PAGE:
Al-Faw: bringing together ancient Greece and Arabia
"قرية الفاو" مقر الروابط القديمة بين اليونان والجزيرة العربية
25 FEB 2020
Source: Alaa Al-Bahrani
Al-Faw Village is a pre-Islamic historical site believed to be active from the fourth century BC to the fourth century AD. It has captivated archaeologists and researchers and was identified by Saudi Aramco as a prime site for research and exploration in the 1940s. The village is famous for housing statues of Hercules and Hippocrates and for being the link between the Arabian Peninsula and Greek civilization. It is also being considered as a potential World Heritage Site by UNESCO.
Al-Faw is located southwest of Riyadh near where Wadi Al-Dawasir intersects with the Tuwaiq Mountains and on the northwestern edge of the Empty Quarter, about 300 kilometers north of Najran. The location of the village meant it played an important role for the ancient southern kingdoms such as Seba, Hamir and Hadramout as it was considered a commercial hub for caravans loaded with merchandise such as textiles, grains and minerals from the south of the Arabian Peninsula to the northeast. It was also famous for its agriculture and contained 17 wells as well as housing, accommodation and warehouses.
Al-Faw village was the capital of the Kendian Kingdom, and inscriptions and monuments dating back to that era have been found at the site. The Great Palace and the huge three-story market surrounded by fences and four high towers proves that the village was very civilized. The site also contains many restored bronze artifacts that are displayed in the Kingdom’s museums as well as important tombs, particularly one belonging to King Muawiya Ibn Rabia, who lived in the second century AD.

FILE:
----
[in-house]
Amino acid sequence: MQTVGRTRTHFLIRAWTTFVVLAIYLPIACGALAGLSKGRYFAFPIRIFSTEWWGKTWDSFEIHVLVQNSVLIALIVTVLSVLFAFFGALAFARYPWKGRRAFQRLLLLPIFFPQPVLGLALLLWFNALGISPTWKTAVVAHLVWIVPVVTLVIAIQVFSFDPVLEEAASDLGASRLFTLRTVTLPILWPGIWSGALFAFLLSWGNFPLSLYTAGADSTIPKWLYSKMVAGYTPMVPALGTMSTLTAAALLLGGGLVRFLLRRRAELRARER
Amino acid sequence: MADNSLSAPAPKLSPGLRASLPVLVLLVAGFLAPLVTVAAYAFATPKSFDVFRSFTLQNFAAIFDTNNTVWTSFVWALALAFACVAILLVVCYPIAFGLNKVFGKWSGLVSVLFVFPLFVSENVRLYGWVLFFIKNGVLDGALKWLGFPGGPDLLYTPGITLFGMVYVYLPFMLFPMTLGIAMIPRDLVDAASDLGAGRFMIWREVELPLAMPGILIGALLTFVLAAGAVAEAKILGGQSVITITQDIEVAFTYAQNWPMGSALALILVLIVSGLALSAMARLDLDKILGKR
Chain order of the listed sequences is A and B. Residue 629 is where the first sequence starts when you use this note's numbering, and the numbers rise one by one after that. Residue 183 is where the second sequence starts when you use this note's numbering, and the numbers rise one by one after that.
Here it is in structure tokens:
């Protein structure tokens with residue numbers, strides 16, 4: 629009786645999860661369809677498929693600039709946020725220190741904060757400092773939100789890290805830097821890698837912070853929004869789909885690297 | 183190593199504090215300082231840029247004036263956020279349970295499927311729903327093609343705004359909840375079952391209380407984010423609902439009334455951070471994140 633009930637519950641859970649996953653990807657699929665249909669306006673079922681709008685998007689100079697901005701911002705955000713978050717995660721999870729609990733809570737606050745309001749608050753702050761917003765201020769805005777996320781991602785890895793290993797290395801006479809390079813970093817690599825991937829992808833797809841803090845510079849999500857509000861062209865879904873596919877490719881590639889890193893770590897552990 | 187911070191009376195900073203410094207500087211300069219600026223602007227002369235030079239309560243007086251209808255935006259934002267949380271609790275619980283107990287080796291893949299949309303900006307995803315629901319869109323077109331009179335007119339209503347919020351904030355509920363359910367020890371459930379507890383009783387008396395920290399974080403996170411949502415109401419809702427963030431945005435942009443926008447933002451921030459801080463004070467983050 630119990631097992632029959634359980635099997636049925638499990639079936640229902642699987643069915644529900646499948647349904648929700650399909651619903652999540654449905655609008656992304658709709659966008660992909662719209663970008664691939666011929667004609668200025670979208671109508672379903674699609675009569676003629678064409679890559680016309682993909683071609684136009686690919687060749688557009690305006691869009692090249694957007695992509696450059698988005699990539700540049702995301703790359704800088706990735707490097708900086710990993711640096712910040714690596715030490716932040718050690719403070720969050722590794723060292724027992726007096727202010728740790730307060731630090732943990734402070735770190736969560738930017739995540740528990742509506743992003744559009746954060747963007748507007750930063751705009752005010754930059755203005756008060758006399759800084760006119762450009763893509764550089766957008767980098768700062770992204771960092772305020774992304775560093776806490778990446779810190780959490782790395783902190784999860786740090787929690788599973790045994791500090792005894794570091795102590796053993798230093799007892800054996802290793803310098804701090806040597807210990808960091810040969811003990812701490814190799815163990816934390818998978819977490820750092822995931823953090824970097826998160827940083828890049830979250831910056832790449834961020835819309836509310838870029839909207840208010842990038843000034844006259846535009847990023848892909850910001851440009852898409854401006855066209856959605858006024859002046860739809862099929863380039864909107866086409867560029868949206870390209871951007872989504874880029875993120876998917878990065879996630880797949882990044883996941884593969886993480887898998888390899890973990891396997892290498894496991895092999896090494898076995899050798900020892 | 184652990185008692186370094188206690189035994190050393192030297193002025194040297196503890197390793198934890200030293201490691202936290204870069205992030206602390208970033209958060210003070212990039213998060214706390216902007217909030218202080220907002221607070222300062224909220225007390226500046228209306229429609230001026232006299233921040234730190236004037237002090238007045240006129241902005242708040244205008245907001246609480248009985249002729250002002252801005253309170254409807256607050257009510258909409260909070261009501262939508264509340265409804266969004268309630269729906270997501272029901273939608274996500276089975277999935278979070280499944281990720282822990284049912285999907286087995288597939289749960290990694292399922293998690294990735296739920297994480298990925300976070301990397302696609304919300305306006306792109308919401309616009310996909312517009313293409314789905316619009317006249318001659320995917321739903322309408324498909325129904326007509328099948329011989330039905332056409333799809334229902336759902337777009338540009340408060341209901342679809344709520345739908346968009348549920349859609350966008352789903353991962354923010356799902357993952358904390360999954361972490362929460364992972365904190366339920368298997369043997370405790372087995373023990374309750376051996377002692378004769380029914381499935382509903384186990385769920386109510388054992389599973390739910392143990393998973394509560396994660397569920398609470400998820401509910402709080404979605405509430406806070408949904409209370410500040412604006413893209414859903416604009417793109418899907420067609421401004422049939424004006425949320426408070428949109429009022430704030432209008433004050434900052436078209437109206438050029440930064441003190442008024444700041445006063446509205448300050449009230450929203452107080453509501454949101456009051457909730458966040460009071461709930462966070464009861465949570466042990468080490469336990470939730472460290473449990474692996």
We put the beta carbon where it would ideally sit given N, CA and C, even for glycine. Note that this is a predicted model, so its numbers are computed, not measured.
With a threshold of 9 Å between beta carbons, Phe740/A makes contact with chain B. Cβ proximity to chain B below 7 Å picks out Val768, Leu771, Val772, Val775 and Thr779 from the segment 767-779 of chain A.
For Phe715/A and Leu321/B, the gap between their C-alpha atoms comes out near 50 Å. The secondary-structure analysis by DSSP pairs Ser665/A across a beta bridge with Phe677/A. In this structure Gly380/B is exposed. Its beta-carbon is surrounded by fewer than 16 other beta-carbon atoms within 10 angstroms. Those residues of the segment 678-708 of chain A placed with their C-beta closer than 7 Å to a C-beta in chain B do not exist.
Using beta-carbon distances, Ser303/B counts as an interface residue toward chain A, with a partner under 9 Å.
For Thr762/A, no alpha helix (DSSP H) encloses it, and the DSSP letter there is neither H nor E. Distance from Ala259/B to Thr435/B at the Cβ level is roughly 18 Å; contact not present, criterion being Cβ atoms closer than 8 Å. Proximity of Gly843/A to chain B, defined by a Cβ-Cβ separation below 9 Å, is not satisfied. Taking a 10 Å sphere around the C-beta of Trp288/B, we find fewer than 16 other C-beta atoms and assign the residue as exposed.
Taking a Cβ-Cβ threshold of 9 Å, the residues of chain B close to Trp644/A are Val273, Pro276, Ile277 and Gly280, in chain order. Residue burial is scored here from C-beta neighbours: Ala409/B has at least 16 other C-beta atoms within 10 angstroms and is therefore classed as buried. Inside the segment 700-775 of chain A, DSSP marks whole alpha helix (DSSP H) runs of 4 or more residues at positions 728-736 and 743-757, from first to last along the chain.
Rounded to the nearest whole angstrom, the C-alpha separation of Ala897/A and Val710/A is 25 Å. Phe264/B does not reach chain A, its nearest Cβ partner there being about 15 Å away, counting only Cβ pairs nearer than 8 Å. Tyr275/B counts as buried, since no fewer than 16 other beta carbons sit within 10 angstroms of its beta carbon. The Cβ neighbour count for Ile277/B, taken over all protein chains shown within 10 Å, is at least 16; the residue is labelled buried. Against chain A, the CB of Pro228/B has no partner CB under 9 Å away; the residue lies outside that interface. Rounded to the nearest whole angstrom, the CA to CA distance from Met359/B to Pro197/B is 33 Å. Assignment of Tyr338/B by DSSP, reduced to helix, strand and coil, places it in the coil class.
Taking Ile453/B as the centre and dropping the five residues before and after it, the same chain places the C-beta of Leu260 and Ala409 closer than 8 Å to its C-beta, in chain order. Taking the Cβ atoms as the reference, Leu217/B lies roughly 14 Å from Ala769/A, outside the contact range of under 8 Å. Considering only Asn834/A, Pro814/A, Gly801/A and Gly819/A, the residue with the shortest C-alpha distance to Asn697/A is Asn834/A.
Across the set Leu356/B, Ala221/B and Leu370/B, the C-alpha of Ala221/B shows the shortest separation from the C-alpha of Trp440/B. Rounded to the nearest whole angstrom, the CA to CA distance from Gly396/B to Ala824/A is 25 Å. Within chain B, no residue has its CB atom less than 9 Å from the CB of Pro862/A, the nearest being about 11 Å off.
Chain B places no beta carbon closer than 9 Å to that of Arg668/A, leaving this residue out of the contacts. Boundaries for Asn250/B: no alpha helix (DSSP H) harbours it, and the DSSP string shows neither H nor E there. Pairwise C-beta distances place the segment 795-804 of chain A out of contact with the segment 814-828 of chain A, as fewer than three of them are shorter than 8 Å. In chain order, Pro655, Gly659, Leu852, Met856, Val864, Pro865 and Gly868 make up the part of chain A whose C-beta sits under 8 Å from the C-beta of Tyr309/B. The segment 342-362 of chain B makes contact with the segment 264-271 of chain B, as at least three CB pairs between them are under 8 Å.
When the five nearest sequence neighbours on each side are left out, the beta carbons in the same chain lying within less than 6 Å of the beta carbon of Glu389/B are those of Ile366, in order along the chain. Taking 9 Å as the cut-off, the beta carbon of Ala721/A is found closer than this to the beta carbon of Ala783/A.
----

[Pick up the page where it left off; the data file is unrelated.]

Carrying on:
The first people to discover the site were Saudi Aramco employees who were exploring the region for oil. Then, the Society of Antiquities at King Saud bin Abdulaziz University conducted exploratory trips in 1976, during which inscriptions were found that proved the village had developed from a mere crossing for caravans into an important commercial and agricultural center. Researchers found evidence that the local people had dug many wells to collect rainwater, planted palm trees and grains, and raised livestock and horses that they used in their wars.
Recently, the statue of Hercules or Heracles, an icon in Greek literature and culture, and the statue of Hippocrates, the Egyptian legend from the Ptolemaic period, were discovered. The two rare statues are now on display in the Benaki Museum in Athens as part of the international Roads of Arabia exhibition, which among others showcases the depth of ancient historical and cultural ties between the Arabian Peninsula and Greek and Byzantine cultures.
Aiming to develop tourism in the area, the Kingdom has been working since 2013 on restoring Al-Faw in order to make it a historical and tourist landmark for visitors by developing the area and displaying archaeological findings. The project consists of 10 areas, including the village, visitor center, museum, display of archaeological items and research centers.